Update on our yurt plans. We were first going to build Gary Tuck a friend of mine a yurt. We had decided it might go good next to a good sized pond on their place. The problem we were having was in keeping the cost down near $500 for the whole project. We have had found a way to do that but it required milling quit a few logs for the floor decking and structure. Not having time for that has postponed the whole project a year. However, Gary Tuck recently found a source for free 4’x8′ pallets. I also have a brother that can get me random sized pallets for free from his business. So we have new plan.
We can get used light poles from the power company for free. These are treated so they would make great post/piles. His pond’s water level usually drop 4 feet or so in summer. So we are now planning to construct using these post a platform/deck 1.5 feet off the ground at the lowest point and probably 3 feet off the water. It will extend maybe 4 feet over the water when the water is at normal full levels. We will put in the piles, then attach some 2×4 bracing to them. We will attach treated 4×4’s on top of the pile to run horizontally as the main structure for holding up the pallets. We will staple 6 mil plastic to the underside of the pallets. The pallets will lay on top of the 4×4’s and overhang a foot all the way around on the perimeter. The area under where the yurt will be placed will have used/recycled fiberglass batt insulation stuffed in that we will take from an abandoned mobile home. We will then nail down thin plywood sub floor on top of the pallets.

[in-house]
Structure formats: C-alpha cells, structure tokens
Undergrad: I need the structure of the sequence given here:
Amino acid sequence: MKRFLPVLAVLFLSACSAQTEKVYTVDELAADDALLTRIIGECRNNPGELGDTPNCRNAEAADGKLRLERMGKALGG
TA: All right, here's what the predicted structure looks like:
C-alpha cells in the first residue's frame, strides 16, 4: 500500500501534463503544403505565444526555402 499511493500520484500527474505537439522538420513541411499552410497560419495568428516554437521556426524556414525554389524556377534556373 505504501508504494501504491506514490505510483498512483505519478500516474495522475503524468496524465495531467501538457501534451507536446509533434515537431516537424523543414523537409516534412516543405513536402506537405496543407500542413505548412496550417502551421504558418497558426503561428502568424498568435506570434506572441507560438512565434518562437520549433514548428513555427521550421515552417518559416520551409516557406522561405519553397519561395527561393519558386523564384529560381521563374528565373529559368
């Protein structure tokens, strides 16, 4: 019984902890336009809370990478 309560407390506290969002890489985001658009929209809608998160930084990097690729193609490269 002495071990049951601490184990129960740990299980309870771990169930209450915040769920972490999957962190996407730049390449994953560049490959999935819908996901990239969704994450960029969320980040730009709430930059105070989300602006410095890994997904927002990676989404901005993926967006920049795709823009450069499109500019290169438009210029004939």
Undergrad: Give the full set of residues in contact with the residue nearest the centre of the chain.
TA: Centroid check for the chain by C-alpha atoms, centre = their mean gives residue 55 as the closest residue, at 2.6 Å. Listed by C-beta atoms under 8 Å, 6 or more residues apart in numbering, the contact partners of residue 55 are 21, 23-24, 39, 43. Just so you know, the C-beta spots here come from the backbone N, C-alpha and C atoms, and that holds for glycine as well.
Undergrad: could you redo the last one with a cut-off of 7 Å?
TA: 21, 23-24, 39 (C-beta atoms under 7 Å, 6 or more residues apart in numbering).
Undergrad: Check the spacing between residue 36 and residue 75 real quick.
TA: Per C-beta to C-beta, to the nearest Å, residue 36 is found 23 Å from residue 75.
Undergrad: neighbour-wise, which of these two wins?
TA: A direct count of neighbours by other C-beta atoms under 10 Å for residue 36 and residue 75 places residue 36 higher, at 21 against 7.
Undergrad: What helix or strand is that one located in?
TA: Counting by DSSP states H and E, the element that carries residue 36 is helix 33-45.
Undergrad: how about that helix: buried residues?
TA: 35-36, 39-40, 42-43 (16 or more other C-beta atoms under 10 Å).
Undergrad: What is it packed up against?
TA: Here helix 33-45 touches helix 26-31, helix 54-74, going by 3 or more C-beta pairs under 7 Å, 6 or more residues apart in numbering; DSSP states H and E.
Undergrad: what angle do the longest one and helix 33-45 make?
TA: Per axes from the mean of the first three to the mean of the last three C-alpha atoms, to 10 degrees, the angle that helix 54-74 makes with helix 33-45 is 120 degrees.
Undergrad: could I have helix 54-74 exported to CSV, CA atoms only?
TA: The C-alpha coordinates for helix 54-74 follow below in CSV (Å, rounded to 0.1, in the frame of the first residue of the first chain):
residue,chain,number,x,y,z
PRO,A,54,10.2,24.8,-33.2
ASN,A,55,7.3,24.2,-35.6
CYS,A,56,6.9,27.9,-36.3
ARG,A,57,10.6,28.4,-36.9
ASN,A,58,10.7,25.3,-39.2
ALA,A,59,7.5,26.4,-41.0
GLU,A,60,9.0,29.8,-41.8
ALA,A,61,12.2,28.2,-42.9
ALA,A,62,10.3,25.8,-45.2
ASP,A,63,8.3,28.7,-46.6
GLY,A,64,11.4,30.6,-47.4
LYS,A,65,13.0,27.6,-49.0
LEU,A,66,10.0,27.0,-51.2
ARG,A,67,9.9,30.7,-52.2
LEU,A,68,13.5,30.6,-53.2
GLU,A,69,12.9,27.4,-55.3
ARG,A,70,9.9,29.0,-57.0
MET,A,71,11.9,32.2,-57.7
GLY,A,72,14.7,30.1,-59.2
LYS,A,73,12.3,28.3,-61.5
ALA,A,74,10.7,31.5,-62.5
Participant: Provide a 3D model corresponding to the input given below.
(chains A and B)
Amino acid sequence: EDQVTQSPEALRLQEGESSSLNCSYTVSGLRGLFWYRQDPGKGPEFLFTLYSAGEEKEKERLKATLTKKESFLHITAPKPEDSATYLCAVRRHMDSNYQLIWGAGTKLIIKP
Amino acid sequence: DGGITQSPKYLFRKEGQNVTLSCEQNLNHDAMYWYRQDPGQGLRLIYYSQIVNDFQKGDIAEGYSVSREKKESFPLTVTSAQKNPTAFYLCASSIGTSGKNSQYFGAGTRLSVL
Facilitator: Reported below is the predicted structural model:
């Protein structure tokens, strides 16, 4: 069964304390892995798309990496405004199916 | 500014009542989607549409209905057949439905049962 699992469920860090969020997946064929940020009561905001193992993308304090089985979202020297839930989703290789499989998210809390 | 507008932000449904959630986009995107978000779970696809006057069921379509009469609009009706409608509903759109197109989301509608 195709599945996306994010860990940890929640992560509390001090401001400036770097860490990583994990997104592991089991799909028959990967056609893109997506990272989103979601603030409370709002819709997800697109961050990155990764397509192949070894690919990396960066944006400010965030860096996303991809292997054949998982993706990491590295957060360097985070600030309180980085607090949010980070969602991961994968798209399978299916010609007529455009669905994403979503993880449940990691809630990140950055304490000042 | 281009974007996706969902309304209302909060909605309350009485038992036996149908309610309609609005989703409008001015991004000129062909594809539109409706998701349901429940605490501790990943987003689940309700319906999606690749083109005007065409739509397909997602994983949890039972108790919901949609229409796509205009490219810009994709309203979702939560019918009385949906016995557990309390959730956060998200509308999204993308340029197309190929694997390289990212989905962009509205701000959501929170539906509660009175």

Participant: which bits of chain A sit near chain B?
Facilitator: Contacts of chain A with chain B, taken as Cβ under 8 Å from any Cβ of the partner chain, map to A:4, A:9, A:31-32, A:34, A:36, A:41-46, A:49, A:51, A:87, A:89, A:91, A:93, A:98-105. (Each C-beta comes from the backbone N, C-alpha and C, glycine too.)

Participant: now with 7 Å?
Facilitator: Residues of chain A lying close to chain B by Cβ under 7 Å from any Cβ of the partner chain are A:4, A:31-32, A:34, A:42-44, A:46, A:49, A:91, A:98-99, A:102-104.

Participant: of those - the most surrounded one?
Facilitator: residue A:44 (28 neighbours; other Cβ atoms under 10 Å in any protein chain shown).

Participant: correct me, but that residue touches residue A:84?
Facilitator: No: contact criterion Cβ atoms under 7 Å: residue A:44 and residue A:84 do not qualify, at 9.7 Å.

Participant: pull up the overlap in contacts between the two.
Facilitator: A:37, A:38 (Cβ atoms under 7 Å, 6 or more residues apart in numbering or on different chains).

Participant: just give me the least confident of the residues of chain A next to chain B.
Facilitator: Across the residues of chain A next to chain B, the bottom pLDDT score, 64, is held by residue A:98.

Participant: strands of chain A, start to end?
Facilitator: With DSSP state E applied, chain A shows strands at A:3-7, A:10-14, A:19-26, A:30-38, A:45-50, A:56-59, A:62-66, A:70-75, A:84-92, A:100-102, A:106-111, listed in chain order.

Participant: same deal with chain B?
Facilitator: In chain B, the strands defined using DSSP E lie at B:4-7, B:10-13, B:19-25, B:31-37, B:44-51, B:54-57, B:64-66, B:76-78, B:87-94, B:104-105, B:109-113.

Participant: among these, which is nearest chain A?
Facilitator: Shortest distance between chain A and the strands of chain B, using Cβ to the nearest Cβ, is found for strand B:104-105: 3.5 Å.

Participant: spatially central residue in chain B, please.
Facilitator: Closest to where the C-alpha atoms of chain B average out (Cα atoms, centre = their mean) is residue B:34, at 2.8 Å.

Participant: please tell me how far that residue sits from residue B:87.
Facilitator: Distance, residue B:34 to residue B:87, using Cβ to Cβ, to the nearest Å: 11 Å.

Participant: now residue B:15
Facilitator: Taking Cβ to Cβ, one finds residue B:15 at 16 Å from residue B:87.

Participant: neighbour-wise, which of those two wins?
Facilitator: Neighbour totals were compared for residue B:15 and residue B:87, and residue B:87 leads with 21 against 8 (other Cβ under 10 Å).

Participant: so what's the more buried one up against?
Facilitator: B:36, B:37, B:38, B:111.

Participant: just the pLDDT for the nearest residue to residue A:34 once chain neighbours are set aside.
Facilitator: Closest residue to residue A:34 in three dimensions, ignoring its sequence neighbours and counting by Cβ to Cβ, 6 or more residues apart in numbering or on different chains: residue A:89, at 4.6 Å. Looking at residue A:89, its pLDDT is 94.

Using my chain saw I will cut the 2×4’s off some of the pallets to make 1.5’x1″x4″ flooring planks. We may floor the entire deck with this. Then sand it with a huge electric buffer/sander. Then water seal it. The area where the yurt will go however will need a 22’diameter additional flooring in a circle shape. We will mark this area and lay down some additional flooring and cut it to shape with a router. Again sand it and apply water seal. This will make a deck 28’x28′ leaving 6 feet on the water side for a porch/deck that overhangs the water 4′. There will be 3′ on each side of the yurt on the sides. And the yurt will be at the edge of the deck on the land side opposite the pond. The total cost in this may go slightly over $500 maybe even up to $750. We intend to mill the lattice framework from logs. And use an old revival tent to make sides for the yurt. The roof may still be a problem. I’m trying to talk Gary into roofing it with #10 cans used as shingles. Though I’d prefer a canvas roof if we can get that cheaply enough. If we can’t then the price will go up above $750 to who knows how much more, maybe $1500.